How like our Heavenly Father! When we "sit down" to his will on the outside, but insist on our own way, we are so foolish! He doesn't just want outward submission; that isn't part of a close relationship. We have to truly sit down.

(Now I have to stand up and clear off this table, though, before my hubby gets home!)

Tuesday, March 1, 2011

He Meets Our Needs

Did any of you grow up hearing heart-warming stories about people in financial distress who had mysterious bags of groceries arrive just as they bowed their heads to "say grace" over a meal they didn't have? Or countless tales of anonymous donors putting "just enough money" on someone's school bill to let them come back another semester?

Growing up in an upper middle class home, as I heard those stories, a part of me ached to be in such desparate straits simply so I could see God's hand provide for me that way. Well, financial difficulties aren't as exciting as I once imagined, even when God does provide. But He is faithful.

I started this blog entry last night, not knowing what God would do today, but I'll leave you in suspense on that one--for now. :)

I don't want to get awkwardly personal here, so I won't mention amounts, just portions of my husband's pre-tax weekly income, so you at least understand the significance of the amounts. But to give you somewhat of an idea, we thought money was tight when Jonathan was a pastor, but he actually made the same amount (or close to it) that he does now, while also having a home and utilities provided. Amazing!

I've mentioned previously how God provided a job for me last spring that helped us buy our minivan for cash, so I won't go into details about that, here. Those blessings are still fresh in my mind, but since we left Gillet last June, here are some of the main ups and downs we've experienced, financially:
  • Jonathan found a job here in Madison within a week of looking in July.
  • He was led to believe he'd get a raise, about the time Joshua was due in October, meaning about an extra week's pay, each month.
  • With most apartments in Madison requiring a year's lease, we were glad to find a great sublet situation in which we got our first month's rent for free and only had to commit to a 5-month lease, starting in December. (We think God may have detoured us to Tucson just so we would wait for this apartment to come available!)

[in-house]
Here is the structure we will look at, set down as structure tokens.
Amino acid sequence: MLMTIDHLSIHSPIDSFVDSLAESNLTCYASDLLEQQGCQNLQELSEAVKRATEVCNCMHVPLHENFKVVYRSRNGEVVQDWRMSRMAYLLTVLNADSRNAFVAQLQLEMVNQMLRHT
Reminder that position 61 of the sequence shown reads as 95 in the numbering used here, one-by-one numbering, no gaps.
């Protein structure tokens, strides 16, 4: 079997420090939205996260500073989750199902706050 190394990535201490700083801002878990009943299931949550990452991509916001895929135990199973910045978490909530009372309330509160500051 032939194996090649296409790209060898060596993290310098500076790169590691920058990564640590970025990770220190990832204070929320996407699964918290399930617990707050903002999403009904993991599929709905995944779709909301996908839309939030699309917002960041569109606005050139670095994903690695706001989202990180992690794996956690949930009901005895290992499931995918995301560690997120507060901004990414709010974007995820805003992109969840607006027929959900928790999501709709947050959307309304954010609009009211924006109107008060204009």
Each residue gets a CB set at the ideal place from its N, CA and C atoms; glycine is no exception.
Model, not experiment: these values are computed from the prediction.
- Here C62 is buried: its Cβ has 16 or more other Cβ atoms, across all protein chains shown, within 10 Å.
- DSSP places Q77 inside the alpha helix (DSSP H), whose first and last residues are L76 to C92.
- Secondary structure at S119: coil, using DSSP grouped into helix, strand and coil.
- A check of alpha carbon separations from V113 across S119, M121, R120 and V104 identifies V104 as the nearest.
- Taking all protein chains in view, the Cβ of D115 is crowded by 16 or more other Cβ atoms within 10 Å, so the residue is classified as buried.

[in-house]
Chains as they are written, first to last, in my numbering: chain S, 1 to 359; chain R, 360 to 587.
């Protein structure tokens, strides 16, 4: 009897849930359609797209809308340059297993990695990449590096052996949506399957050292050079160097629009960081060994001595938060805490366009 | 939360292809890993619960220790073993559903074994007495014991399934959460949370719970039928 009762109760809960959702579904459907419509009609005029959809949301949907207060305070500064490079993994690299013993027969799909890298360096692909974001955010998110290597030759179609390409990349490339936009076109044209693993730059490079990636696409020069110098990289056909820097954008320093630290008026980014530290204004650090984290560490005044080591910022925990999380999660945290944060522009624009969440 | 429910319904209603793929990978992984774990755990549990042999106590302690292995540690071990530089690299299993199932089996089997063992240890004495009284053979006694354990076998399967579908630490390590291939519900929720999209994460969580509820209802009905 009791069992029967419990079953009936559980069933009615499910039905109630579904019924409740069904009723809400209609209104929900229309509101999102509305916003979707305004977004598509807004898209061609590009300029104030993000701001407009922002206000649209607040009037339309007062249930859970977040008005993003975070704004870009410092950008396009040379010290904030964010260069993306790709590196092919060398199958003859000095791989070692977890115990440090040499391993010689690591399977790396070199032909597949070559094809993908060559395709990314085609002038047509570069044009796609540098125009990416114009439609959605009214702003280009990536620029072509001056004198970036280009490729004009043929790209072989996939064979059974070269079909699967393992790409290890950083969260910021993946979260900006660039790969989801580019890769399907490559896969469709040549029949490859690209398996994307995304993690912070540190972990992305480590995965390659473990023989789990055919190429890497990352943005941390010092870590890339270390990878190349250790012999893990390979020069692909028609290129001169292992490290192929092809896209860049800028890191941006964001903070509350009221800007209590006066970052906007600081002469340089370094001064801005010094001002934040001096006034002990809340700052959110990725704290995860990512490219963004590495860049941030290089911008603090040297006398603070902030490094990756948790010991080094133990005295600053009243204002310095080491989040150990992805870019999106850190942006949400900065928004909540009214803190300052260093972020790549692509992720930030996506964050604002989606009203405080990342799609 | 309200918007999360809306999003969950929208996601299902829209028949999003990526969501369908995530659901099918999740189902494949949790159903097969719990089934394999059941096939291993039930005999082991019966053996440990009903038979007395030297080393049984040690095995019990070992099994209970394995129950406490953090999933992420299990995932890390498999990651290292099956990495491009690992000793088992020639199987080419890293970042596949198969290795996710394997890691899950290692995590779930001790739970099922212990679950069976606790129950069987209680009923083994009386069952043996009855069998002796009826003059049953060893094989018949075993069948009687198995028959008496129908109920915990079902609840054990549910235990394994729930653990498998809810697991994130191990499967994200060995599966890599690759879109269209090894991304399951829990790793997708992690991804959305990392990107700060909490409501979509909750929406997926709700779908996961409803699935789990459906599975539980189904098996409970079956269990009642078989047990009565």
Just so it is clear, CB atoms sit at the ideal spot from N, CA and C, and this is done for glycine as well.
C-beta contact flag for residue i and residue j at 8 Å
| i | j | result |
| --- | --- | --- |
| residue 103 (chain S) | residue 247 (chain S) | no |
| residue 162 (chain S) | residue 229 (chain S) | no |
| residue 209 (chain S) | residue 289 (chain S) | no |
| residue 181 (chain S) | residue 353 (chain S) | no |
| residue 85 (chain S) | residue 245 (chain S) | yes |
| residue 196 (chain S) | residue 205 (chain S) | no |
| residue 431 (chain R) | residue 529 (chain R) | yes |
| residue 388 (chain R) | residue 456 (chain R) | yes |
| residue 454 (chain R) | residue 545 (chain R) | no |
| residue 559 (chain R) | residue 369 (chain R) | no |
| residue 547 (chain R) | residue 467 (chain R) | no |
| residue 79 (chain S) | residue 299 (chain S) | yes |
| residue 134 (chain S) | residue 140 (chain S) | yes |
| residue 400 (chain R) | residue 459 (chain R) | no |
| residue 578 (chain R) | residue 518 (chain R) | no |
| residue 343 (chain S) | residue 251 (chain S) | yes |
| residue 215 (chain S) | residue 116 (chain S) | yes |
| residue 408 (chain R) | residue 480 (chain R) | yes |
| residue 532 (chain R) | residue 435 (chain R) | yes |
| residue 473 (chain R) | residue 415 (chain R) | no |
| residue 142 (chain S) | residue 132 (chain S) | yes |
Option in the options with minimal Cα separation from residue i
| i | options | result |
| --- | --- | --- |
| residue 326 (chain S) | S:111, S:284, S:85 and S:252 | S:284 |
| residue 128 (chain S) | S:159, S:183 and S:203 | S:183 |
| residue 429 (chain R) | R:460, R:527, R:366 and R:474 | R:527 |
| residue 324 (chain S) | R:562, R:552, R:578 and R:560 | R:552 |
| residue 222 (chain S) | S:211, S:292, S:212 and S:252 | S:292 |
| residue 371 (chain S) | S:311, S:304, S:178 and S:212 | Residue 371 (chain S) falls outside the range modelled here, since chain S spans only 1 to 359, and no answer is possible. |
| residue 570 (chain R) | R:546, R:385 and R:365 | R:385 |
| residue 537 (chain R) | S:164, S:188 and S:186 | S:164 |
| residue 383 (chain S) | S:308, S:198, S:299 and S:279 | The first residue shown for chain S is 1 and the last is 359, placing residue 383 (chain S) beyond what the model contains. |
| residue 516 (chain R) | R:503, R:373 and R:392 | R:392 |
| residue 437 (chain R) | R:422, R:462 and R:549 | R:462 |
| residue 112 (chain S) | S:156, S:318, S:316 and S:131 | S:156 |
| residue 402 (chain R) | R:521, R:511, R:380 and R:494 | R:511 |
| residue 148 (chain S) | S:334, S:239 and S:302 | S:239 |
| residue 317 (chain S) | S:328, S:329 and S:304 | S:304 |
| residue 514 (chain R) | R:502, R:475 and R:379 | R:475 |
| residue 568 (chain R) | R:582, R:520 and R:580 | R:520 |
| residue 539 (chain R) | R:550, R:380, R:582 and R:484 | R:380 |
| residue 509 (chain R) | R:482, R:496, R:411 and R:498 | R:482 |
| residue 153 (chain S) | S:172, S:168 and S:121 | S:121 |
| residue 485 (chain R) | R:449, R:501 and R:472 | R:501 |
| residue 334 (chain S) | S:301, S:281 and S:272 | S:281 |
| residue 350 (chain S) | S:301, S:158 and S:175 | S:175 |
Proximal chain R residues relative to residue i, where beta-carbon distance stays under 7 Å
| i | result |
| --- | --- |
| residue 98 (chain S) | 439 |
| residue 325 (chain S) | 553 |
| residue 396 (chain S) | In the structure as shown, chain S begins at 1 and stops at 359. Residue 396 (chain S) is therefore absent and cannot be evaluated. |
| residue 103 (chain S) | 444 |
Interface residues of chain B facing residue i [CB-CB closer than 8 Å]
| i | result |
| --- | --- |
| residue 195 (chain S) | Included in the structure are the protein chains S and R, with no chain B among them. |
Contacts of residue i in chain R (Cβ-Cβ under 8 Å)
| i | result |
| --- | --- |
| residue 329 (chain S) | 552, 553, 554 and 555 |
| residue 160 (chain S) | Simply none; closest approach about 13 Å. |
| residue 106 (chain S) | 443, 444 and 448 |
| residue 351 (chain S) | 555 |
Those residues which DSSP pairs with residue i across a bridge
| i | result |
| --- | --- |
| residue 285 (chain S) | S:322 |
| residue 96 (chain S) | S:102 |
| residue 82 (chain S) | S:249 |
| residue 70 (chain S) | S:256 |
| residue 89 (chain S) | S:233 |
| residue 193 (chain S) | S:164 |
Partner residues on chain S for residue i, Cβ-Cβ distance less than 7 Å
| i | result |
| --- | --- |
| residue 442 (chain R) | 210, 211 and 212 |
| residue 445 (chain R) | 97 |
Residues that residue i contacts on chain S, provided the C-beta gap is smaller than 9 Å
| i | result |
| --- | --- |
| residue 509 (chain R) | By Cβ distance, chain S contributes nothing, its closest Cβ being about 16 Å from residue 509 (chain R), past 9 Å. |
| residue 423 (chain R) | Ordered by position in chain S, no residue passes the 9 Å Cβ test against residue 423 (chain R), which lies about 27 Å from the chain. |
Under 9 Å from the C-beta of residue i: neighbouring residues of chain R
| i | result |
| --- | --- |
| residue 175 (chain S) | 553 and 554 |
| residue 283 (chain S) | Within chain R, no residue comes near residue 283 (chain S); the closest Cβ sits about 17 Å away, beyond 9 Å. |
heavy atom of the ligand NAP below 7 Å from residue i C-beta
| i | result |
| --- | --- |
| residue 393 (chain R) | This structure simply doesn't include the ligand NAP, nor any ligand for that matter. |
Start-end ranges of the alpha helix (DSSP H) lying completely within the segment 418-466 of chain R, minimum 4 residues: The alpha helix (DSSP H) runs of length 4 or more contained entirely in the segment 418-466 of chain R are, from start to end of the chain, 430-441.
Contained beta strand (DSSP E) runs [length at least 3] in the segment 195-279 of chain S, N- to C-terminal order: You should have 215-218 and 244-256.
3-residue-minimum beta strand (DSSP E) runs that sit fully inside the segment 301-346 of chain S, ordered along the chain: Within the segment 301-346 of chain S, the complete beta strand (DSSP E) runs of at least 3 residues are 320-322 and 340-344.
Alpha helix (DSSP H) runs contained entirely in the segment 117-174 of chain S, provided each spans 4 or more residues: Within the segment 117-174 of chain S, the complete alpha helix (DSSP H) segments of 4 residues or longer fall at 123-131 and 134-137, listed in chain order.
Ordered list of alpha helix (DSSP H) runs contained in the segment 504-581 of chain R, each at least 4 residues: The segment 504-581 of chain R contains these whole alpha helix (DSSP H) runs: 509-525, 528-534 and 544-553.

• When Jonathan's raise still hadn't gone through, we neared the end of January wondering how we could possibly make our budget (yes, we really have one and keep track of receipts!) work. We decided it was impossible and increased our energy going toward applying for jobs for him around Madison, in addition to the church search.
  • We found a part-time nanny job listed on Craigslist, but that didn't turn out. We were asked to do some odd jobs for the family, though, which included clearing out a basement and removing many sallable goods. We were paid to do this and then sell the items and keep that money, too. (This amounted to an extra weeks' pay.)
  • To end January, we received a surprise check from a family member for about a half week's pay.
  • In February, Jonathan was able to put in some overtime, which was like getting another half week's pay.
  • After many attempts at finding legitimate freelance writing jobs, I received two inquiries within two days, last week. In another week, with commitments already in place, I will have made an extra half-week's pay.
  • The day after I received those jobs, we had to sign a 3-month lease extension, which would mean higher rent, starting in May (about 1/10 of a week's pay). That was discouraging, but less so with the writing jobs starting to come.
  • This past Sunday, it seemed like my writing money would be used for something not-so-savory: someone smashed the window of our van, requiring about 75% of a week's pay to fix it.
  • Monday we received notification in the mail that we would be receiving help for our utilities that would basically make up for the amount we paid to replace the window.
  • Today (drum roll, please!) we found out that we'll be getting money back from taxes, to the tune of about 10x's a week's pay!

It doesn't make sense that we're not in debt, we're nearly making budget, and we're about to have more in the bank than we did when we left Gillett. I'm not saying that to brag on us, but to praise my God who truly does provide!